- James Cameron
- Reviewed by
- Gon Curiel a.k.a. Groucho
- Review date
- Thursday, September 13, 2007
Thatís because this film is an exemplary thriller. I wouldnít call it a perfect film, but thatís absolutely NOT on account of the way it works in that department. Youíll still be shocked by the suddenness of its happenings, by the bleakness of its future, by the amazing change of Sarah Connor (Linda Hamilton), by the heroism of Kyle Reese (Michael Biehn) and by the unbelievable determination of the Terminator (Arnold Schwarzenegger).
In a possible future, machines take over and set to terminate human beings, creating a holocaust like has never been seen. This human-looking cyborg has come from the future with the sole mission of destroying (or rather, terminating) the mother of the one man who will threaten to destroy the machines, John Connor, before heís even born.
Sarah is a simple young woman who canít handle a situation like this. But neither Kyle, who has been sent by John to protect his mother, nor the Terminator, is kidding. Sarah is caught between a hero and a villain and sheís not sure what hit her. The glorious moment comes when she realizes sheís really on her own, and will be, until her son is a rebellious leader.
I guess The Terminator could have been easily forgotten if it wasnít for some key elements: Schwarzenegger for one, brilliant as the unstoppable machine; Brad Fiedelís music, sometimes unbearably 80s style, but sometimes haunting and quite moody; and of course Cameronís donít-stop-for-a-darn-second approach in his direction, which is why heíll be remembered. These elements bring attention to the film, and itís easy to watch it and be immersed by its irresistible reality. Itís humanity weíre talking about after all, and we donít really get to see the future, except in a couple of quick scenes. Itís a reality that we donít see, which we fear the most. It works like magic, and has proved quite successful.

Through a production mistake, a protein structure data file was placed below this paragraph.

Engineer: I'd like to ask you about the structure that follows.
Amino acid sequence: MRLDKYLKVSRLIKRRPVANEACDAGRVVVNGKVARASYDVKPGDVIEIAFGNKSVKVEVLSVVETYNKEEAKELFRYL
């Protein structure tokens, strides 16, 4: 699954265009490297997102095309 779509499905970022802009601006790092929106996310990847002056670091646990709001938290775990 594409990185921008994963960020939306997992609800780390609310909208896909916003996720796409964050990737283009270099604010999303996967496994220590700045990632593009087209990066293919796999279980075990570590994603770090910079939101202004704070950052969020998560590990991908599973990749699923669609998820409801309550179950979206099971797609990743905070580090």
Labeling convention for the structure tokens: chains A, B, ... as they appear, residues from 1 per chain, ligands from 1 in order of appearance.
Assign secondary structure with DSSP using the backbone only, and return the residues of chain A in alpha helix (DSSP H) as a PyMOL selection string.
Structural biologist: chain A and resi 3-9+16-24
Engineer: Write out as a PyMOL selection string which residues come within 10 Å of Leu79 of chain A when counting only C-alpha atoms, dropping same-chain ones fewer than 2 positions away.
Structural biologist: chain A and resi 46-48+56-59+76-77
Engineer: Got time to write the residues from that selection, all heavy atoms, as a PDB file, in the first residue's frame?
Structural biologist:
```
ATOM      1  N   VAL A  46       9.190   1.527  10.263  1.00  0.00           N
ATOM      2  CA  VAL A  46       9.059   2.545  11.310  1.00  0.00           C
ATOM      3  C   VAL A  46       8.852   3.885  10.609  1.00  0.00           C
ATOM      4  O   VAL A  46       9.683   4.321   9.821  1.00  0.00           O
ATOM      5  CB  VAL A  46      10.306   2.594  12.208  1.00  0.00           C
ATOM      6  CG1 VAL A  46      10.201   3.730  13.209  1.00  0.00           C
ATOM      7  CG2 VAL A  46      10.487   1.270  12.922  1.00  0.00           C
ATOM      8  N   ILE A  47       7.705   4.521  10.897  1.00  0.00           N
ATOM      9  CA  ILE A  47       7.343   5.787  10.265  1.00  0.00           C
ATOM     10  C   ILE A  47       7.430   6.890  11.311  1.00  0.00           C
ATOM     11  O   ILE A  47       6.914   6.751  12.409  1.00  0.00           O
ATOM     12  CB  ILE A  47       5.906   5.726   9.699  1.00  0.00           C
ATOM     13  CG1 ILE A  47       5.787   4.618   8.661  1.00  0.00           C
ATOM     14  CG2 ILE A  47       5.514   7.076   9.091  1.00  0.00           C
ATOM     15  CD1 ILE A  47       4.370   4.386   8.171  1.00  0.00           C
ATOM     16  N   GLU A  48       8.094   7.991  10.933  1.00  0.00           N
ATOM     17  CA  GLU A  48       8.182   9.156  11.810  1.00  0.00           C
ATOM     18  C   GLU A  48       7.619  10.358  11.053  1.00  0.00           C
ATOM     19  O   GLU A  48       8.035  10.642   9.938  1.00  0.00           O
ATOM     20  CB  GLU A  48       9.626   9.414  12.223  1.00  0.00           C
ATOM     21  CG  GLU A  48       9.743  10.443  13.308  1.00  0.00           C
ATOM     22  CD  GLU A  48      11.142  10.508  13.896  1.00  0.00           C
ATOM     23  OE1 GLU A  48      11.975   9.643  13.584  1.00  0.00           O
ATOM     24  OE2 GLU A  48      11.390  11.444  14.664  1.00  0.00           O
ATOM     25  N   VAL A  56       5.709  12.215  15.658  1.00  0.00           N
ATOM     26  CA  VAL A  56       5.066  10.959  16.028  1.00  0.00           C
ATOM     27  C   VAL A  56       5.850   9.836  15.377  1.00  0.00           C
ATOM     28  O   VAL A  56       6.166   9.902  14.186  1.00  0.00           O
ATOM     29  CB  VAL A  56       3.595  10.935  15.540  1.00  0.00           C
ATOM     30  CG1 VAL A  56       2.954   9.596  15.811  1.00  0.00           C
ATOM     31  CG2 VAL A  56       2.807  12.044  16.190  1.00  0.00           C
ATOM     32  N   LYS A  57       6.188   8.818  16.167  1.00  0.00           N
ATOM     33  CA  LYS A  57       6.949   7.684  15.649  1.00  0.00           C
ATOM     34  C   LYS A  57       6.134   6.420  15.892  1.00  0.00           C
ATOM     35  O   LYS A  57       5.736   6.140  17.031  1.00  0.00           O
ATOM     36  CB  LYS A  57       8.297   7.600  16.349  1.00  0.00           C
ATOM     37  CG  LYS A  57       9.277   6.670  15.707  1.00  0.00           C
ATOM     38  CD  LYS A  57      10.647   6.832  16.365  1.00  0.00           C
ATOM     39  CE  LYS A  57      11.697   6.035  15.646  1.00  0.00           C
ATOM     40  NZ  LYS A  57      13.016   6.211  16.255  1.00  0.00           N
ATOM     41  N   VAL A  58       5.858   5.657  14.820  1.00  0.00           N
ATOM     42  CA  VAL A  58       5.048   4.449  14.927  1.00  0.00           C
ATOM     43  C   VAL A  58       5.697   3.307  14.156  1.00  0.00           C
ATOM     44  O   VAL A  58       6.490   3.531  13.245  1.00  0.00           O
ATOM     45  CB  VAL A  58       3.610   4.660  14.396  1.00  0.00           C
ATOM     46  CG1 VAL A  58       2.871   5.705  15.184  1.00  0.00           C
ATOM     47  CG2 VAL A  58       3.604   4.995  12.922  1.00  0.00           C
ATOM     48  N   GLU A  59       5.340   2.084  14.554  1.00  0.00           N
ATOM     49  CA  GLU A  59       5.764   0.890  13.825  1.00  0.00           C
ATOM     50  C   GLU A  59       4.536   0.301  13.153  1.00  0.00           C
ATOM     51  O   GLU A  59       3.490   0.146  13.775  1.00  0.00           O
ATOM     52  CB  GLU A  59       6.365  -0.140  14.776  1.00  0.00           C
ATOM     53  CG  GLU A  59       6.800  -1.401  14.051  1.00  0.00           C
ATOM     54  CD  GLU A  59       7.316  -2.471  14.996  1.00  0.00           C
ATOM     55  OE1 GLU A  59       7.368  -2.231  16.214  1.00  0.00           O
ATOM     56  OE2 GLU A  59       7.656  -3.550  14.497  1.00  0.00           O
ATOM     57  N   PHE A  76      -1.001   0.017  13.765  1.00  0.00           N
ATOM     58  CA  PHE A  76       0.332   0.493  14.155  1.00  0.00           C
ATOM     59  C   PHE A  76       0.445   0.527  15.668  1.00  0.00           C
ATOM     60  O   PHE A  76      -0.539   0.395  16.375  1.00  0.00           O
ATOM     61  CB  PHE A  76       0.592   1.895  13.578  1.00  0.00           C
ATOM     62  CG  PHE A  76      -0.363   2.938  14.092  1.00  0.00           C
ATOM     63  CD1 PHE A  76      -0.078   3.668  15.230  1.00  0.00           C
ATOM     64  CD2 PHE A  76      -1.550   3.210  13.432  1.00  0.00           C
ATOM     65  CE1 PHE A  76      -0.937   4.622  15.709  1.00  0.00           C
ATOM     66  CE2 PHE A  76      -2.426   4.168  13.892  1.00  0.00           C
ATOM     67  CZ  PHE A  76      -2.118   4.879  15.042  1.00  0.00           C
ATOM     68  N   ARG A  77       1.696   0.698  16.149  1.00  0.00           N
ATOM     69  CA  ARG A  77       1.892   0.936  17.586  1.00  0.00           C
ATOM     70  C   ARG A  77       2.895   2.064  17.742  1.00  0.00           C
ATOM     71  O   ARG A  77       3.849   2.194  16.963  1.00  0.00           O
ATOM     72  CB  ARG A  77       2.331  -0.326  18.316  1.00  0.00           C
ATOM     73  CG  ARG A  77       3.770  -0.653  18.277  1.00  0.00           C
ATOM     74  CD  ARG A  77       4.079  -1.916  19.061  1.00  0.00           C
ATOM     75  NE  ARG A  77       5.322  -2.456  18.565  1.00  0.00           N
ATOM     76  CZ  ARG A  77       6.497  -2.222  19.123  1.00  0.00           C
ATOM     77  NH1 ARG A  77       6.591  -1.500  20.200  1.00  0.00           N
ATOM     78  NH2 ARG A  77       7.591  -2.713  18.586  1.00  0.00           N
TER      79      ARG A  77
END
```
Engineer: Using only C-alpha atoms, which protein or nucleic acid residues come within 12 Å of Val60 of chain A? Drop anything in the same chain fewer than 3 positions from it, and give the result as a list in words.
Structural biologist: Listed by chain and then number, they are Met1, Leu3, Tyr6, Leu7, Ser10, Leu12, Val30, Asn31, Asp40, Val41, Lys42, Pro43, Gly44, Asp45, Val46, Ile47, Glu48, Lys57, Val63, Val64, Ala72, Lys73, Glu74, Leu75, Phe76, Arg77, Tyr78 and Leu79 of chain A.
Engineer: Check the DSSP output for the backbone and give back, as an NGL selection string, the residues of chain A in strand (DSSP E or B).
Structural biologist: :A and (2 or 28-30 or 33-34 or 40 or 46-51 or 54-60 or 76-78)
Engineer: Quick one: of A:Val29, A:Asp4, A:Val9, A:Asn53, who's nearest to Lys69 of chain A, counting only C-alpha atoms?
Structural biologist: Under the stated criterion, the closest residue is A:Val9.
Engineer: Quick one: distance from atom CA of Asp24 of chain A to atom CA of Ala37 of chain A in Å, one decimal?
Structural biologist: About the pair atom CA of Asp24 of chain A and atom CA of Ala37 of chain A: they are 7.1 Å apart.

This film is also responsible for Arnold Schwarzeneggerís superstardom. He became the most famous stiff actor Hollywood will ever have. His casting is so perfect that one wonders why he hadnít been cast as a robot before. Frankly, Iíve always liked this guy (as an actor, though heís usually not a good one), but I like him much better as a killer robot than as any other character. Because this killer robot, as scripted by James Cameron and Gale Anne Hurd, has an edge: sense of humor.
Hamilton and Biehn are a good contrast to Arnoldís ďroboticĒ performance. Though their most important love scene is awful, most of the time theyíre credible human beings and sheís especially poignant and believable throughout. I love that subplot about the photo, and how it develops into something larger-than-life. I spent years believing that this movieís reality was indeed real. Now I know itís not. Or is it?
ďIíll be back.Ē
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Other reviews of The Terminator (1984): Vincent